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Water Supply

Part of the debate – in the House of Commons on 3rd May 1944.

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Photo of Mr Robert Morrison Mr Robert Morrison , Tottenham North

I am willing to concede the point. My complaint is not generally against the policy of the White Paper, but against its slowness. Apart from the Bill on rural water supplies for this Session and the Water Undertakings Bill which is down for next Session, all the other things have to await the setting up of a Greater London Water Advisory Committee. That means years before anything is done. What I am pointing out is the urgency of the matter. The two points I have mentioned do not need prolonged consideration by advisory committees, especially when we are about to embark upon the replanning of a great part of London.

My final point is the need, which is not mentioned in the White Paper, for a research organisation to cover all fields of water engineering. I had the privilege a few months ago of being in Bermuda, where there is always a shortage of water and every person has to collect his own supply. They do it by collecting it from the roofs of houses and all sorts of other ways. I would like to draw attention to two things that happened out there. When the United States Army and Air Force arrived in Bermuda they found themselves faced with a tremendous shortage of water. They did not appoint an advisory committee and spend a lot of time over considering it. There was a war on and they had to get water at once. They covered a mountain with concrete and put storage tanks at the bottom, so as to secure all the water that fell on the mountain. They found they were not getting enough, so they installed two generators which turned sea-water into fresh water at the rate of 9,000 gallons a day. The way they did that in a month or two is a useful lesson to us. In this country with all its water undertakings, there is no national water research organisation. I, therefore, suggest the setting-up of such an organisation for all fields of water engineering.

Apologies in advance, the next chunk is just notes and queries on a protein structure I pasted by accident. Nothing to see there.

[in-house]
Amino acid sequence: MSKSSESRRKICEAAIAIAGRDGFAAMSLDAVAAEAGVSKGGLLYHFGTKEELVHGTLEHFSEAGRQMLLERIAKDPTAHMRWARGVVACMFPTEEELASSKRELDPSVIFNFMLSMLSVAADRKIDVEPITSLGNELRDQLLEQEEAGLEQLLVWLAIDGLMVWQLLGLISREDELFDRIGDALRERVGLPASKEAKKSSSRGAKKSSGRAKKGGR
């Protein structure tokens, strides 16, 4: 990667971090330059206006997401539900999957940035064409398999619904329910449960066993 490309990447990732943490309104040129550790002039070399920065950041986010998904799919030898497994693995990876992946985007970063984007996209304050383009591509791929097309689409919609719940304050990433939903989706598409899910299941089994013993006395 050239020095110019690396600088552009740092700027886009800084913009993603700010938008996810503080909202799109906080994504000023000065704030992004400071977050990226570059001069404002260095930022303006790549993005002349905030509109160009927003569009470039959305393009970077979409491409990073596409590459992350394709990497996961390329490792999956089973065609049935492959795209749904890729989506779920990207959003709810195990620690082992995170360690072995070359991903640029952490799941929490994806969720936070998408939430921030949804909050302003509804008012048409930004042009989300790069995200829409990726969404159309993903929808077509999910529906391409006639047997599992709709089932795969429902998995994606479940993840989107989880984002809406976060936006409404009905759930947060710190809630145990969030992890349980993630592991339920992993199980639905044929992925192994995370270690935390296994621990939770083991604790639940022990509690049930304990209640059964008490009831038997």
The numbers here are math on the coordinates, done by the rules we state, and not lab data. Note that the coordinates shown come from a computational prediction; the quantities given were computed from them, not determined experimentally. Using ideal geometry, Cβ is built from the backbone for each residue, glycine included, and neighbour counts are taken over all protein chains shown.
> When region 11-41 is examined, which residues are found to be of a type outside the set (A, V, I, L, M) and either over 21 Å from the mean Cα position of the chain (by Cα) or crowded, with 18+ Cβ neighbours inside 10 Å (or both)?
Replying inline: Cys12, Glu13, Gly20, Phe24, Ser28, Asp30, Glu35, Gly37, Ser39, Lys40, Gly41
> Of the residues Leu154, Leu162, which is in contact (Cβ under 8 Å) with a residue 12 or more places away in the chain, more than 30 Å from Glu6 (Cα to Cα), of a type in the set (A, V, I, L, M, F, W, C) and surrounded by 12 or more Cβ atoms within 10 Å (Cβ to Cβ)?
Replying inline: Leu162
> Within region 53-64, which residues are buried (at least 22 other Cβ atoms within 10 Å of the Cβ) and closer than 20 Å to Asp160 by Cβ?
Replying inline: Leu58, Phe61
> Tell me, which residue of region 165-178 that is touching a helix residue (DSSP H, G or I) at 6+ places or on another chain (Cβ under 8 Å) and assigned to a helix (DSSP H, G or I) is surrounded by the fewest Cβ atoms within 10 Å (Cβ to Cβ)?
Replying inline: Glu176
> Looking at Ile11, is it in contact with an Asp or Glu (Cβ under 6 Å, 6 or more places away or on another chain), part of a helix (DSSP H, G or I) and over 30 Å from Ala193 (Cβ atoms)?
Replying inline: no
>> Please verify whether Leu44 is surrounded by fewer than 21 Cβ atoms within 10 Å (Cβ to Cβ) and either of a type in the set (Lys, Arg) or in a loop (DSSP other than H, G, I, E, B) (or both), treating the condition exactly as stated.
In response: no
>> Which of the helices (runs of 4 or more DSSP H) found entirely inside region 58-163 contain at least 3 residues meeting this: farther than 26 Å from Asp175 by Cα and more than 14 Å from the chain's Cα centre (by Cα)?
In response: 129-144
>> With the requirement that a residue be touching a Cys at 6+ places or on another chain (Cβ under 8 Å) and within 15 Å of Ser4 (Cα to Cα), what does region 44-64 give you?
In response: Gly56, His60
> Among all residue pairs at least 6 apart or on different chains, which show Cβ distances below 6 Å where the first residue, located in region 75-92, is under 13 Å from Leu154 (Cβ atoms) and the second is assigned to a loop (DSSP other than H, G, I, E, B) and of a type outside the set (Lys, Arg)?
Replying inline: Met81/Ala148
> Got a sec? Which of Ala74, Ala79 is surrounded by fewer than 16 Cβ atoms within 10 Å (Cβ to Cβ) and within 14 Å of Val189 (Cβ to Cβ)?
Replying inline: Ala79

I admit that the White Paper is an advance on anything we have had before, but I am very much alarmed at the slowness of the proposals set out. Surely, the time has come when we ought to have a Minister in this House to deal with water supplies as, for instance, an Under-Secretary for Water. There is enough work on water problems and their connection with agriculture, housing and other things for an additional Under-Secretary to the Ministry of Health. While I am not authorised to speak on behalf of the Metropolitan Water Board, I have no doubt that the views I have expressed would be freely endorsed, probably unanimously, by the Board. We are concerned, first, about the fact that there are 13 separate water undertakings in the London Civil Defence area; second, at the effect on underground water supplies of the increased number of wells and the fact that anybody can sink a well where they like; and, third, that there should be a national water research organisation.